Procalcitonin as a biomarker for predicting bacterial infection in chimeric antigen receptor T-cell therapy recipients

Marissa Z. Powell, Kristin C. Mara, Radhika Bansal, Matthew A. Hathcock, Arushi Khurana, N. Nora Bennani, Yucai Wang, Jonas Paludo, Jose Villasboas Bisneto, Stephen M. Ansell, Patrick B. Johnston, Yi Lin, Jason N. Barreto

Research output: Contribution to journalArticlepeer-review


Background: It is unknown whether serum procalcitonin (PCT) concentration monitoring can differentiate between bacterial infection or cytokine release syndrome (CRS) when chimeric antigen receptor T-cell (CAR-T) recipients present with a constellation of signs and symptoms that may represent both complications. Objective: The objective of the study was to assess the utility of serum PCT concentrations as a biomarker of bacterial infection in CAR-T recipients. Study design: This single-center, retrospective, medical record review evaluated patients prescribed CAR-T therapy until death or 30 days after infusion. Logistic regression modeling determined the association between elevated serum PCT concentrations within 48 h of fever onset and microbiologically confirmed infection. Secondary outcomes included clinically suspected infection, CAR-T toxicity rates, and broad-spectrum antibiotic usage. Predictive performance of PCT was assessed by area under the receiver operating characteristic curve (AUC). Results: The 98 included patients were a median age of 63 (IQR: 55–69) years old, 47 (48%) were male, and 87 (89%) were Caucasian. Baseline demographics and clinical characteristics were similar between patients with and without a bacterial infection. Serum PCT >0.4 ng/mL within 48 h of fever was significantly associated with a microbiologically confirmed bacterial infection (OR: 2.75 [95% CI: 1.02–7.39], p = 0.045). Median PCT values in patients with and without confirmed infections were 0.40 ng/mL (IQR: 0.26, 0.74) and 0.26 ng/mL (IQR: 0.13, 0.47), respectively. The AUC for PCT to predict bacterial infection was 0.62 (95% CI 0.48–0.76). All patients experienced CRS of some grade, with no difference in CRS severity based on elevated PCT. Broad-spectrum antibiotics were used for a median of 45% and 23% of days in those with and without confirmed infection, respectively (p = 0.075). Conclusion: Elevated serum PCT concentrations above 0.4 ng/mL at time of first fever after CAR-T infusion was significantly associated with confirmed bacterial infection. Furthermore, rigorous, prospective studies should validate our findings and evaluate serial PCT measurements to optimize antimicrobial use after CAR-T therapy.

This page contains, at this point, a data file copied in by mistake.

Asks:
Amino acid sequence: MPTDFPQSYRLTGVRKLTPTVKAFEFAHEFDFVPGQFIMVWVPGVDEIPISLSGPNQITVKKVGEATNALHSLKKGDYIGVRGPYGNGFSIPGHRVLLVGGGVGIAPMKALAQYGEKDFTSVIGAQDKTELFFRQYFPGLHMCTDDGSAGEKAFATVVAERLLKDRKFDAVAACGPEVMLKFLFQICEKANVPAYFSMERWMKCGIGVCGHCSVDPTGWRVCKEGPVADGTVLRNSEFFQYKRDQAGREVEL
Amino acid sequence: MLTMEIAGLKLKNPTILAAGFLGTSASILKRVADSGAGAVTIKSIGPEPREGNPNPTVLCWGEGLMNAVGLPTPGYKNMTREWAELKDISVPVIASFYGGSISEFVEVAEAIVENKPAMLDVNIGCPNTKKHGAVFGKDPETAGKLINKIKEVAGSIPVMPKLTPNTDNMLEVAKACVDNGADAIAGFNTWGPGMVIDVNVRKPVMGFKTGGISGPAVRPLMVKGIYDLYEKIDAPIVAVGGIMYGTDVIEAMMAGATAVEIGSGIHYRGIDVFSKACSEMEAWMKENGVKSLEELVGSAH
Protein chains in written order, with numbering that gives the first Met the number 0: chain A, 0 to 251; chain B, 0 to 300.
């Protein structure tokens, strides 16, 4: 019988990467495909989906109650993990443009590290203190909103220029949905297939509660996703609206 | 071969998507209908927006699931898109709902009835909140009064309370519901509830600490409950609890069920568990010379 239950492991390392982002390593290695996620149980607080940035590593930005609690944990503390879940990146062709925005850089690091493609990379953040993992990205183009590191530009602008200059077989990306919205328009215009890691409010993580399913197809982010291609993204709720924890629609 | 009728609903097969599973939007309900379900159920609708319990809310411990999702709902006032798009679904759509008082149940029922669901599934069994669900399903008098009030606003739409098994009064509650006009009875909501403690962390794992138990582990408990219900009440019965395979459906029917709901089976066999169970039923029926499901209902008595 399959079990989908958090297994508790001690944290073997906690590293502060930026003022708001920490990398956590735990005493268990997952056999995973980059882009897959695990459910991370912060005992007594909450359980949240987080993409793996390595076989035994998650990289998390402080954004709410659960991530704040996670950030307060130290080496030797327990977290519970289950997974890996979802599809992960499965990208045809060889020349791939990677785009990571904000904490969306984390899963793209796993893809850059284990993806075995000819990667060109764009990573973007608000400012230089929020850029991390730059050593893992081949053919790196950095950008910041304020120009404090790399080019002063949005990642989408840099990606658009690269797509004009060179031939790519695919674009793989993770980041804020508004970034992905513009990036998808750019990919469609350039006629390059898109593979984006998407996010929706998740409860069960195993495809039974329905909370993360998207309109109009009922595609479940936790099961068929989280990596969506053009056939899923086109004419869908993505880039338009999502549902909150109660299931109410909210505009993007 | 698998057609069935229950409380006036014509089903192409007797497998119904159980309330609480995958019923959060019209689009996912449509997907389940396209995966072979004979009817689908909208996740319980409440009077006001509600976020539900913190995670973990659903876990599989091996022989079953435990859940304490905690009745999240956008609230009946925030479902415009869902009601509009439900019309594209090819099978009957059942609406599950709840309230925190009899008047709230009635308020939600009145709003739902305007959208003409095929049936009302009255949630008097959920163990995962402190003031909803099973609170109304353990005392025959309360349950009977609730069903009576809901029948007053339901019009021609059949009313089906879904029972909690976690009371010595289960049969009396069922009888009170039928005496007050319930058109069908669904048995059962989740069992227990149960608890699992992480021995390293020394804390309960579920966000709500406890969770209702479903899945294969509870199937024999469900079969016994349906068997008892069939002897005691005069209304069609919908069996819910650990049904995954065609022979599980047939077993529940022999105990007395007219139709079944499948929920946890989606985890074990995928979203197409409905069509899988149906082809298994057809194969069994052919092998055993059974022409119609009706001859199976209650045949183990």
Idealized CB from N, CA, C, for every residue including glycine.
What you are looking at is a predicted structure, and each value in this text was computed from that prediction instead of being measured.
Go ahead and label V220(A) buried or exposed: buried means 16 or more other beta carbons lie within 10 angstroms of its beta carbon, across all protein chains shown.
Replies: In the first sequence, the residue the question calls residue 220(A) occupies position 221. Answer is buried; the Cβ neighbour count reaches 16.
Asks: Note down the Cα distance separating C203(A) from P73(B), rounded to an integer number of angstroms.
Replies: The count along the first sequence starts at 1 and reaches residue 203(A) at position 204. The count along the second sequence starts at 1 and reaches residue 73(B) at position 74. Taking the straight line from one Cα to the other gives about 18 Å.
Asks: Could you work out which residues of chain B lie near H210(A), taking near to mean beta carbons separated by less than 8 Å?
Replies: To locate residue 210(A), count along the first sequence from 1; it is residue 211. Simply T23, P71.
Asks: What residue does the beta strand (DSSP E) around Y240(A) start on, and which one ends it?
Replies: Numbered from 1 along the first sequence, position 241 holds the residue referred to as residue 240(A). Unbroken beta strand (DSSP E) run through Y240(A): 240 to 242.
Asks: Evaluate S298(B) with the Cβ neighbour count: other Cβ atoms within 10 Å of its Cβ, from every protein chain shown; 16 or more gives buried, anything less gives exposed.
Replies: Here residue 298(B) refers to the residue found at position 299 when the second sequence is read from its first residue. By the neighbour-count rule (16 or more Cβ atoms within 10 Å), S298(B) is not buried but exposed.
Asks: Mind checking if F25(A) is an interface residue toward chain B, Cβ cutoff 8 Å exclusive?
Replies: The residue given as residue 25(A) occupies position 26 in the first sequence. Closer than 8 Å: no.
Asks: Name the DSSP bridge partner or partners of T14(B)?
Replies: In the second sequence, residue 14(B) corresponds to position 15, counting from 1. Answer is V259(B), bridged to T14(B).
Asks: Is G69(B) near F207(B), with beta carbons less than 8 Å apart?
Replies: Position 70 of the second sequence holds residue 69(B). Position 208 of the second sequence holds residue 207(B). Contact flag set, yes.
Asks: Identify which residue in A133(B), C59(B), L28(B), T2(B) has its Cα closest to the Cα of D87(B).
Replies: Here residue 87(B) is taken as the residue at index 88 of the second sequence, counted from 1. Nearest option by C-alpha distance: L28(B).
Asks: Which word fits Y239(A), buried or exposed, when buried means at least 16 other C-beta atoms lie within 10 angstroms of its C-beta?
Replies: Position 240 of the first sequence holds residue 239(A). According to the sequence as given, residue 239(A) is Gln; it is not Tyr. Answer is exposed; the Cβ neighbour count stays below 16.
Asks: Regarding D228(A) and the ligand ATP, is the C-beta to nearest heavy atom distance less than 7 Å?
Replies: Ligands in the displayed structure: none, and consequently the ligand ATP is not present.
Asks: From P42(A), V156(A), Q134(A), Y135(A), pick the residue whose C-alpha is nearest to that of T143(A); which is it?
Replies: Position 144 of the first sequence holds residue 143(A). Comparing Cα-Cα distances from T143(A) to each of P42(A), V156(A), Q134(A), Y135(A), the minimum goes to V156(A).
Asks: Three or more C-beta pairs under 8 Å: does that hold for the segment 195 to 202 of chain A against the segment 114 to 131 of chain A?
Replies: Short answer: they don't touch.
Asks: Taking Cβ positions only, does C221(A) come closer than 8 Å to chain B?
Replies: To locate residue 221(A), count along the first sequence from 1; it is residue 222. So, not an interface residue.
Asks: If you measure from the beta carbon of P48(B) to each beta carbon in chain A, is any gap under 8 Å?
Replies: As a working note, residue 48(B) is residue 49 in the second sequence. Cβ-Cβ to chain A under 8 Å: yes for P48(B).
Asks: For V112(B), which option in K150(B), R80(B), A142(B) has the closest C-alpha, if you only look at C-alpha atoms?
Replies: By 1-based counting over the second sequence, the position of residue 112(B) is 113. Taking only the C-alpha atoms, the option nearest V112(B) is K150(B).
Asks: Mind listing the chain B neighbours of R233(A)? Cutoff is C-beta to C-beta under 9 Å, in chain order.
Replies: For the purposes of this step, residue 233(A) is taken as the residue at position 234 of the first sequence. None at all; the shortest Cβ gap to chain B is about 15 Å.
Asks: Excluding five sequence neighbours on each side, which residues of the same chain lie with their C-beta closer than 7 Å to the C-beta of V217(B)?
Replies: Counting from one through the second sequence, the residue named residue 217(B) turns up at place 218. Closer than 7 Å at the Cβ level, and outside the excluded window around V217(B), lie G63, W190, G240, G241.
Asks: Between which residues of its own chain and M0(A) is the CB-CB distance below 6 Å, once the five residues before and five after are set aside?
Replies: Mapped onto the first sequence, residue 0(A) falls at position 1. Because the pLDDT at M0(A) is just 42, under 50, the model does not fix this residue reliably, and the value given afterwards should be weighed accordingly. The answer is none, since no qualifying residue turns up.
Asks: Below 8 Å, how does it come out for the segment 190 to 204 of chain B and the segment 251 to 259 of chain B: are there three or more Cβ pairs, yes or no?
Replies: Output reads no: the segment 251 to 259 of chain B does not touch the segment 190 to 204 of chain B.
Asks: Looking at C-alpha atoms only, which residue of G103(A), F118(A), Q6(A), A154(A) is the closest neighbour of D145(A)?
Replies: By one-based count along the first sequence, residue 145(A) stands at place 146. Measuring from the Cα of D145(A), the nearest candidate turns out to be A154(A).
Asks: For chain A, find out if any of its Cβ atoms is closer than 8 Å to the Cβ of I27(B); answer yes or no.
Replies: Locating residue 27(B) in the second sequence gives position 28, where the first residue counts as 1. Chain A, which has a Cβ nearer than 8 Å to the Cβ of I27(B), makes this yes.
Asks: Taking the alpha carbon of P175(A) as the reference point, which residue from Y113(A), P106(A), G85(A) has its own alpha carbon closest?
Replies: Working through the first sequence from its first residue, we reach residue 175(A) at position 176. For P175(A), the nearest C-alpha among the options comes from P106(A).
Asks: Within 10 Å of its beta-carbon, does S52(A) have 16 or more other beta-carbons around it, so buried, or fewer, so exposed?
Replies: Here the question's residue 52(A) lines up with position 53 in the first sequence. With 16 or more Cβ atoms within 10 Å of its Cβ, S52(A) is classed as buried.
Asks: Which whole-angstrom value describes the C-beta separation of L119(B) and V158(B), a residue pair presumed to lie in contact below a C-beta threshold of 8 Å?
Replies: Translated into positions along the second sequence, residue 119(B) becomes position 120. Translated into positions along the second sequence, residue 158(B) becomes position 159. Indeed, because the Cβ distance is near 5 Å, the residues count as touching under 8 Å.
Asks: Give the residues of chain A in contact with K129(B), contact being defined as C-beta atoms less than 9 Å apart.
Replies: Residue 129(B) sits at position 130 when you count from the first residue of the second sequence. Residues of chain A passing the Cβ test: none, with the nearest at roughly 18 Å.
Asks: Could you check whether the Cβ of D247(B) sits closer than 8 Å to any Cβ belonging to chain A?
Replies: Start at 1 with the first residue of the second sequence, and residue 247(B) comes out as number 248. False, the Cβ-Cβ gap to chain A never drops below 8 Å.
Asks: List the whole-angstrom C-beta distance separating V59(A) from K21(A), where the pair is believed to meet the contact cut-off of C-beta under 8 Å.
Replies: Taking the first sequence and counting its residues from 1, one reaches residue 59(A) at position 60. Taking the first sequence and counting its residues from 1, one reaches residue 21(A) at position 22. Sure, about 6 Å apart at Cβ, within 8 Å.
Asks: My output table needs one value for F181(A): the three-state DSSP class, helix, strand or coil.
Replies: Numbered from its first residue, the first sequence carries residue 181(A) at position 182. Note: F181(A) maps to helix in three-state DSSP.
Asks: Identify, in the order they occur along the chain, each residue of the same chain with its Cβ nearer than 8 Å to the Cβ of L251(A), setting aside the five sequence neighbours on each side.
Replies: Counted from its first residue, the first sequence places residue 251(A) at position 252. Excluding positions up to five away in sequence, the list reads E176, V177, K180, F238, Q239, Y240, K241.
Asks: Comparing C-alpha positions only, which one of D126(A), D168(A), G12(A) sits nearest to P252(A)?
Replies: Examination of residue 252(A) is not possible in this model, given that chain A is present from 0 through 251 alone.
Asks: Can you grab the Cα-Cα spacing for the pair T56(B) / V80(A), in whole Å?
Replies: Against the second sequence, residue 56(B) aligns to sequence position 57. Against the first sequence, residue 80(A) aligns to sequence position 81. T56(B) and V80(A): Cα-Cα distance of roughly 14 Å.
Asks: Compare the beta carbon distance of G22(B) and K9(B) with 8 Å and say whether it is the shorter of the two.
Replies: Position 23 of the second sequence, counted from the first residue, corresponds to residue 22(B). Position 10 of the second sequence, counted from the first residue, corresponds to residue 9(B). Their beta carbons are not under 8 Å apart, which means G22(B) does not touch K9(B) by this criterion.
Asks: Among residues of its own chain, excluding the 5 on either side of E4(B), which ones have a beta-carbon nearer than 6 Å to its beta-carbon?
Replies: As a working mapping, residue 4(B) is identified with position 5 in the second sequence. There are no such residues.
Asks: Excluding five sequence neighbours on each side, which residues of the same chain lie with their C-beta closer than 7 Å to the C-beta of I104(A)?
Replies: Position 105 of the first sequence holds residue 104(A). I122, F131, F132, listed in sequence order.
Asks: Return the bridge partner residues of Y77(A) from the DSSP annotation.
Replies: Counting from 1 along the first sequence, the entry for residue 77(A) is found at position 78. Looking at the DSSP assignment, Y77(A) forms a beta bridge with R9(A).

Original languageEnglish (US)
Pages (from-to)9228-9235
Number of pages8
JournalCancer medicine
Issue number8
StatePublished - Apr 2023


  • T-cell
  • antibiotics
  • antimicrobial stewardship
  • chimeric antigen receptor
  • cytokine release syndrome
  • fever
  • immunotherapy
  • infection
  • procalcitonin

ASJC Scopus subject areas

  • Oncology
  • Radiology Nuclear Medicine and imaging
  • Cancer Research


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